While Amputee Mobility Predictor scores differ between Medicare Functional Classification Levels (K-level), this does not demonstrate that the Amputee Mobility Predictor can accurately predict K-level.
To determine how accurately K-level could be predicted using the Amputee Mobility Predictor in combination with patient characteristics for persons with transtibial and transfemoral amputation.
A cumulative odds ordinal logistic regression was built to determine the effect that the Amputee Mobility Predictor, in combination with patient characteristics, had on the odds of being assigned to a particular K-level in 198 people with transtibial or transfemoral amputation.
For people assigned to the K2 or K3 level by their clinician, the Amputee Mobility Predictor predicted the clinician-assigned K-level more than 80% of the time. For people assigned to the K1 or K4 level by their clinician, the prediction of clinician-assigned K-level was less accurate. The odds of being in a higher K-level improved with younger age and transfemoral amputation.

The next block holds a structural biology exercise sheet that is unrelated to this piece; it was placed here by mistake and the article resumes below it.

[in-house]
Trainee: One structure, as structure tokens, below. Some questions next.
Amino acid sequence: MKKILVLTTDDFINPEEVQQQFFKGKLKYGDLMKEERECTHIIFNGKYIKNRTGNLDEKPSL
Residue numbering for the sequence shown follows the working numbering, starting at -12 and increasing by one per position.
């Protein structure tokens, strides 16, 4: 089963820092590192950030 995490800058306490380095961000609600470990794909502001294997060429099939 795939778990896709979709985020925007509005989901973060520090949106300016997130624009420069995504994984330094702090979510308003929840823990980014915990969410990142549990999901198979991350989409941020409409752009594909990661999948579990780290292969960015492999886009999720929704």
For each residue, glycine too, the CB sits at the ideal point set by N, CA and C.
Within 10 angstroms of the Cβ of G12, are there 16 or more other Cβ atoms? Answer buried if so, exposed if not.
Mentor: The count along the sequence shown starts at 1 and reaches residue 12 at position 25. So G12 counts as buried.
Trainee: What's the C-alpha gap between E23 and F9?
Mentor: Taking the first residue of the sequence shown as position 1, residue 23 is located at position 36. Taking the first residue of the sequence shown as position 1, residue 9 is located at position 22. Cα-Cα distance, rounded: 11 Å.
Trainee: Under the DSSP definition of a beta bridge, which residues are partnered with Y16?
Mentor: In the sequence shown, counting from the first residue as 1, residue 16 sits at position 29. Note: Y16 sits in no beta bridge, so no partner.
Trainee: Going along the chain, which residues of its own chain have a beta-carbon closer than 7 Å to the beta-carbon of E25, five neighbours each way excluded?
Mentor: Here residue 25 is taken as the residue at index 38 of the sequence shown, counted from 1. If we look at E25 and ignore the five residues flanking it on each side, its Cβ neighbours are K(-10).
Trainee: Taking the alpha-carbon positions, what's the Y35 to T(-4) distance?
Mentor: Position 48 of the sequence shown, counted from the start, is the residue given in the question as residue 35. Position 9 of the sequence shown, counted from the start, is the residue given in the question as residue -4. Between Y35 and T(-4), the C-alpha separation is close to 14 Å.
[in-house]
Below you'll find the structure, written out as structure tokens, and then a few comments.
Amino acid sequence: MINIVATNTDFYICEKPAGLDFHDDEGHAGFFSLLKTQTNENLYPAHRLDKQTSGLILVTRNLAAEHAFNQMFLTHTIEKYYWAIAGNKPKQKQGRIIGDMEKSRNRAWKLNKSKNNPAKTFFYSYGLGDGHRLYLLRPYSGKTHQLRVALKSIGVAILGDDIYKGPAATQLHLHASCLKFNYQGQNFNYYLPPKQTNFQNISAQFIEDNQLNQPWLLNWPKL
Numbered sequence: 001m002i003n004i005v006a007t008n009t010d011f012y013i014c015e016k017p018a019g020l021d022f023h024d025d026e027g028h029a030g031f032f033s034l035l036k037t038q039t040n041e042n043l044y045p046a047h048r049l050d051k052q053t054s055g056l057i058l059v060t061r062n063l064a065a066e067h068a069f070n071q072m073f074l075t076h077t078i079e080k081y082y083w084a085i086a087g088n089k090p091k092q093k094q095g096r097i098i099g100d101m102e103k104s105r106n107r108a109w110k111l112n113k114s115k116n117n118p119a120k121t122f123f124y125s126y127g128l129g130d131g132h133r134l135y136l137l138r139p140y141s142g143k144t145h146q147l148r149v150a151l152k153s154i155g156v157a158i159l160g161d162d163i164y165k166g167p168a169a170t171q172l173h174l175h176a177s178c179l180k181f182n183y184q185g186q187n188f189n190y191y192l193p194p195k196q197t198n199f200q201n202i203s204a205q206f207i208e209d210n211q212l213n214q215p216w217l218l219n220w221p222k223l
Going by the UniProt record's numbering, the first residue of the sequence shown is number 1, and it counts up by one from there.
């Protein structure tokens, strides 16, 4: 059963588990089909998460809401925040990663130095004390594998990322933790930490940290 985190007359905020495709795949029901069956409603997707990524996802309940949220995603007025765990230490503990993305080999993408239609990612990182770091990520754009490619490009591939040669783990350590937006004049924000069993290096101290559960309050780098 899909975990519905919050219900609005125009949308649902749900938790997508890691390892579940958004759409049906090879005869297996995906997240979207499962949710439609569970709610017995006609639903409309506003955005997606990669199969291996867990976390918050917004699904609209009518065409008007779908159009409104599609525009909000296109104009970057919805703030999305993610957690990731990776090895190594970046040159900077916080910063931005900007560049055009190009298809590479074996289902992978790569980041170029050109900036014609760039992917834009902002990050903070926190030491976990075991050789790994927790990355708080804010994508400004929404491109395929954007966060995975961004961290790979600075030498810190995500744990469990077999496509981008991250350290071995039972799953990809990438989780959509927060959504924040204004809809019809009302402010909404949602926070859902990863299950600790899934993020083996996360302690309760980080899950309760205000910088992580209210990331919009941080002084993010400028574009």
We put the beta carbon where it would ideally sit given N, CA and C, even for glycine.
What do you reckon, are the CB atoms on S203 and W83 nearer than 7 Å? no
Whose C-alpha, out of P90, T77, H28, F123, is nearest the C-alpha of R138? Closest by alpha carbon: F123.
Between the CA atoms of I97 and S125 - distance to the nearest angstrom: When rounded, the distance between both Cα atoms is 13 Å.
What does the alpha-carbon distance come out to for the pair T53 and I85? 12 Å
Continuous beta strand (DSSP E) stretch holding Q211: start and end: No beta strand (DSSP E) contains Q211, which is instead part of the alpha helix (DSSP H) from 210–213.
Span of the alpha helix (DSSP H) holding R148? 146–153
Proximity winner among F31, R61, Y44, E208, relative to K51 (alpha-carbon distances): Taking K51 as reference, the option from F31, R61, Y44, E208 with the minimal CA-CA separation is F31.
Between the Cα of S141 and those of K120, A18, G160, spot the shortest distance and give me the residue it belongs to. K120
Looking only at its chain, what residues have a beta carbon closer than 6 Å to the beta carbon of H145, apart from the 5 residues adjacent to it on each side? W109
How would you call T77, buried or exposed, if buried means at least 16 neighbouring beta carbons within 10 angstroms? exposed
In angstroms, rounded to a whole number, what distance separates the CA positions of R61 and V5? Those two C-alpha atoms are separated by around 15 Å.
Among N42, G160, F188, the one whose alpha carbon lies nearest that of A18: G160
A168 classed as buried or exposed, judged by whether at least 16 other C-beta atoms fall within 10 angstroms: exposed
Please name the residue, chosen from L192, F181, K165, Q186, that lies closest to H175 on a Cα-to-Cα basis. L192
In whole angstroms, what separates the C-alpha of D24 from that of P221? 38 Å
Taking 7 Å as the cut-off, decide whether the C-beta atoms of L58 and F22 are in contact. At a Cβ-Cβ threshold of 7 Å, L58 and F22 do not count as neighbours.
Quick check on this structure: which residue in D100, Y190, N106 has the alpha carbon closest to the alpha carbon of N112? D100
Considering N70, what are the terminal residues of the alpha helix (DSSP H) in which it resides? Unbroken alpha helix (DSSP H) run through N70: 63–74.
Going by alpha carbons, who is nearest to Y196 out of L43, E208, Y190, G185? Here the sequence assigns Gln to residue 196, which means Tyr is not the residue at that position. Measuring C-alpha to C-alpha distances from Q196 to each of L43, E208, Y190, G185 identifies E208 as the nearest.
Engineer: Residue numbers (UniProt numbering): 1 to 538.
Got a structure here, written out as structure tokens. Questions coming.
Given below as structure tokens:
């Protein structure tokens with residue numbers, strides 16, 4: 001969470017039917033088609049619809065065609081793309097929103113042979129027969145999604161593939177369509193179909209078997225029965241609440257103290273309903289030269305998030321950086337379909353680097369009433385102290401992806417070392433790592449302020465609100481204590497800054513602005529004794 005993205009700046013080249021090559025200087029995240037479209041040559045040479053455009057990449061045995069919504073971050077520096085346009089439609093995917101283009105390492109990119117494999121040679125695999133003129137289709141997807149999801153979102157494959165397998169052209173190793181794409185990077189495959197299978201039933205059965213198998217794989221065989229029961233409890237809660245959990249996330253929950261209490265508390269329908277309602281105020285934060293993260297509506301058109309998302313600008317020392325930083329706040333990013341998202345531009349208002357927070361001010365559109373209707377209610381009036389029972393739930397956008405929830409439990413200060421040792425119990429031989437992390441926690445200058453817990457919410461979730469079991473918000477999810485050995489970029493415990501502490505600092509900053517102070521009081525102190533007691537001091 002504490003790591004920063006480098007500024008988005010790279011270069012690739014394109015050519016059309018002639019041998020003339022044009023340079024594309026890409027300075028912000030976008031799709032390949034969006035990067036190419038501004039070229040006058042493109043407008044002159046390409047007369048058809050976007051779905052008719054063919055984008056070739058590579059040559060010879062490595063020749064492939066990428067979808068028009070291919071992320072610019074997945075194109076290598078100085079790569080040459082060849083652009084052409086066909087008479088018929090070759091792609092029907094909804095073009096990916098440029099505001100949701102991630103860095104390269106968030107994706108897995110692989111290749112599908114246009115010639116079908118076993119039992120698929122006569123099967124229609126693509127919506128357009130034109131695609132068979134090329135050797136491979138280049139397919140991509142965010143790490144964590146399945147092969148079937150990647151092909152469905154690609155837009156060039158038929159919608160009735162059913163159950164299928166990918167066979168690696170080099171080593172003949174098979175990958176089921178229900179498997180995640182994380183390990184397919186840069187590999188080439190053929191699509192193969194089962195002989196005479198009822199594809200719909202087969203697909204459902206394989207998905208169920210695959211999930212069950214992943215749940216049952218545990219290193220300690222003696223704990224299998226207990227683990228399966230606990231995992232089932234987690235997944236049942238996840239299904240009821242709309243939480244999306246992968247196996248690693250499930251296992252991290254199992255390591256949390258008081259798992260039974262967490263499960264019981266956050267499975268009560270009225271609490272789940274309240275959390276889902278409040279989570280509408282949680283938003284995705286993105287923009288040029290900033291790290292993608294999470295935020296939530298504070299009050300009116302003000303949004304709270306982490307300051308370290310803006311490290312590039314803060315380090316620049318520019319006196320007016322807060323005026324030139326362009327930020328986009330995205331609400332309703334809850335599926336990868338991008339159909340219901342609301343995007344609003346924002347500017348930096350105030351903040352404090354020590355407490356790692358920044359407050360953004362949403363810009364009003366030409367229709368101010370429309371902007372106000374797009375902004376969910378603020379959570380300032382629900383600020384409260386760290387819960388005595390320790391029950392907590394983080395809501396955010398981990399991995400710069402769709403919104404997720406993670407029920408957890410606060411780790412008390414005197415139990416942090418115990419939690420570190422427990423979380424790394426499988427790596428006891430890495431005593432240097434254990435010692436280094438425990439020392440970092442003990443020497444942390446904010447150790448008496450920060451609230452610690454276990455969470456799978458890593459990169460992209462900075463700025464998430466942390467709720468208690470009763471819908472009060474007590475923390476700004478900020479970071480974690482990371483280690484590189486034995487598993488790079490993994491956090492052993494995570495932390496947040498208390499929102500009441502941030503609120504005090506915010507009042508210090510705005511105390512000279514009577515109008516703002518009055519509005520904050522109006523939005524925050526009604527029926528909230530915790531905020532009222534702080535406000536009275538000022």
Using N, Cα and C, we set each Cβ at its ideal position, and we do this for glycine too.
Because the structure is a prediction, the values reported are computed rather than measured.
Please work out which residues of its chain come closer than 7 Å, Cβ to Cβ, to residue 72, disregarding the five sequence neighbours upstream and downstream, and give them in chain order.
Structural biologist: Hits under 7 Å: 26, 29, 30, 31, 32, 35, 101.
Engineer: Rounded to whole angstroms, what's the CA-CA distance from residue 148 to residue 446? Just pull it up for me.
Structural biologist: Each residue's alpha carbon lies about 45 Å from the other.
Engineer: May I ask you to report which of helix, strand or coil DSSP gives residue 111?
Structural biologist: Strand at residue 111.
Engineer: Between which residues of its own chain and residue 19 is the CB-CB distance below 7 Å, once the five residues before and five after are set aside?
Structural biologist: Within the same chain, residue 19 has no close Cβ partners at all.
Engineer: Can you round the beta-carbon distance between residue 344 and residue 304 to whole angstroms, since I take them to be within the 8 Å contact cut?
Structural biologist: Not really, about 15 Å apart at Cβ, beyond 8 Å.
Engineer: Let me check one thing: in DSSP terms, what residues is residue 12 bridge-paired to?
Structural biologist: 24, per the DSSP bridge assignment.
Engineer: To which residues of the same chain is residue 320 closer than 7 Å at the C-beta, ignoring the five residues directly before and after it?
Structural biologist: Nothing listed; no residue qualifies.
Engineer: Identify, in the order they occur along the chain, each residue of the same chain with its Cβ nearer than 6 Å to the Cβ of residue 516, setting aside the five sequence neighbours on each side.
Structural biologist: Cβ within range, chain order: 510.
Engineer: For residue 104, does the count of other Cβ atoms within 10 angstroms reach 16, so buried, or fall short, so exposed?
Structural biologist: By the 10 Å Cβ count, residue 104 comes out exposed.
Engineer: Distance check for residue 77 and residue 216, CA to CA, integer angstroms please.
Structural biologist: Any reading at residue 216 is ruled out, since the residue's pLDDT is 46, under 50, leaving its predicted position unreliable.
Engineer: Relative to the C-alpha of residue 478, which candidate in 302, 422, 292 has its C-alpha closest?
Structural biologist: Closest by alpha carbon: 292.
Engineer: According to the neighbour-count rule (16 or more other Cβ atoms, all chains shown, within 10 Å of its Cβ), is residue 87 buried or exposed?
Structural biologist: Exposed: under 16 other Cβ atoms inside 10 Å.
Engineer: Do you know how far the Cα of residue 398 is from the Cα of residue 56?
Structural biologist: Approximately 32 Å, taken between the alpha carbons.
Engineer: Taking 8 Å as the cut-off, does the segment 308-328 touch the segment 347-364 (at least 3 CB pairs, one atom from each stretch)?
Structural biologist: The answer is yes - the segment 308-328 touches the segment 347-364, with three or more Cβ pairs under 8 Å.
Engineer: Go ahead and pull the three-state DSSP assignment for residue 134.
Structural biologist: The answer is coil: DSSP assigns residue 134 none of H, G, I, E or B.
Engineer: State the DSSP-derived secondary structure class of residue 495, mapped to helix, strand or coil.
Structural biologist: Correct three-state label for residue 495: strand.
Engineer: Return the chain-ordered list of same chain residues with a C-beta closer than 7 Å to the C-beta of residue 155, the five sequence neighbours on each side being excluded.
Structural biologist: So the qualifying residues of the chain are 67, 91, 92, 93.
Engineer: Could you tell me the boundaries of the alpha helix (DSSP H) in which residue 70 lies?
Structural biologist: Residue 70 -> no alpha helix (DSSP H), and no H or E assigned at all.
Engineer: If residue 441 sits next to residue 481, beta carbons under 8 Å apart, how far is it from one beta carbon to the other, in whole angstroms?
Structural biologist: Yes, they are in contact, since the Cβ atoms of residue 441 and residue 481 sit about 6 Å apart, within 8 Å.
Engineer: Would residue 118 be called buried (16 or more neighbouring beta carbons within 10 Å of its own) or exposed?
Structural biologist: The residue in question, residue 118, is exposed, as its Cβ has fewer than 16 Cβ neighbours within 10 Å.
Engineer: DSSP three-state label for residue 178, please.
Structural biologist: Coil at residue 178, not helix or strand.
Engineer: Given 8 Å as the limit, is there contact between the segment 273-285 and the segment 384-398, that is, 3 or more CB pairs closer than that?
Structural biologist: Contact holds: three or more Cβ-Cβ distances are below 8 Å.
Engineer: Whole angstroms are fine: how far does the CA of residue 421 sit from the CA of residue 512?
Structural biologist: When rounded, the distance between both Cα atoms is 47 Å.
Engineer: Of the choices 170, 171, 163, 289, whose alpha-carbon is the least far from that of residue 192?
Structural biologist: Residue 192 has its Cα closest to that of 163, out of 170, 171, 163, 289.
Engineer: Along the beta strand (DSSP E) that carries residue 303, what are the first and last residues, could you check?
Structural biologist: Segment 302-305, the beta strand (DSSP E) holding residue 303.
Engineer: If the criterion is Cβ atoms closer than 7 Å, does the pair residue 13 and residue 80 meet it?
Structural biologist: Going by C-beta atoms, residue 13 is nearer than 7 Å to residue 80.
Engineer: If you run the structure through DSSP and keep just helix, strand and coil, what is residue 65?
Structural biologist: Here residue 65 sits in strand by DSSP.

Ordinal logistic regression can be used to predict the odds of being assigned to a particular K-level using the Amputee Mobility Predictor and patient characteristics. This pilot study highlighted critical method design issues, such as potential predictor variables and sample size requirements for future prospective research.
This pilot study demonstrated that the odds of being assigned a particular K-level could be predicted using the Amputee Mobility Predictor score and patient characteristics. While the model seemed sufficiently accurate to predict clinician assignment to the K2 or K3 level, further work is needed in larger and more representative samples, particularly for people with low (K1) and high (K4) levels of mobility, to be confident in the model’s predictive value prior to use in clinical practice.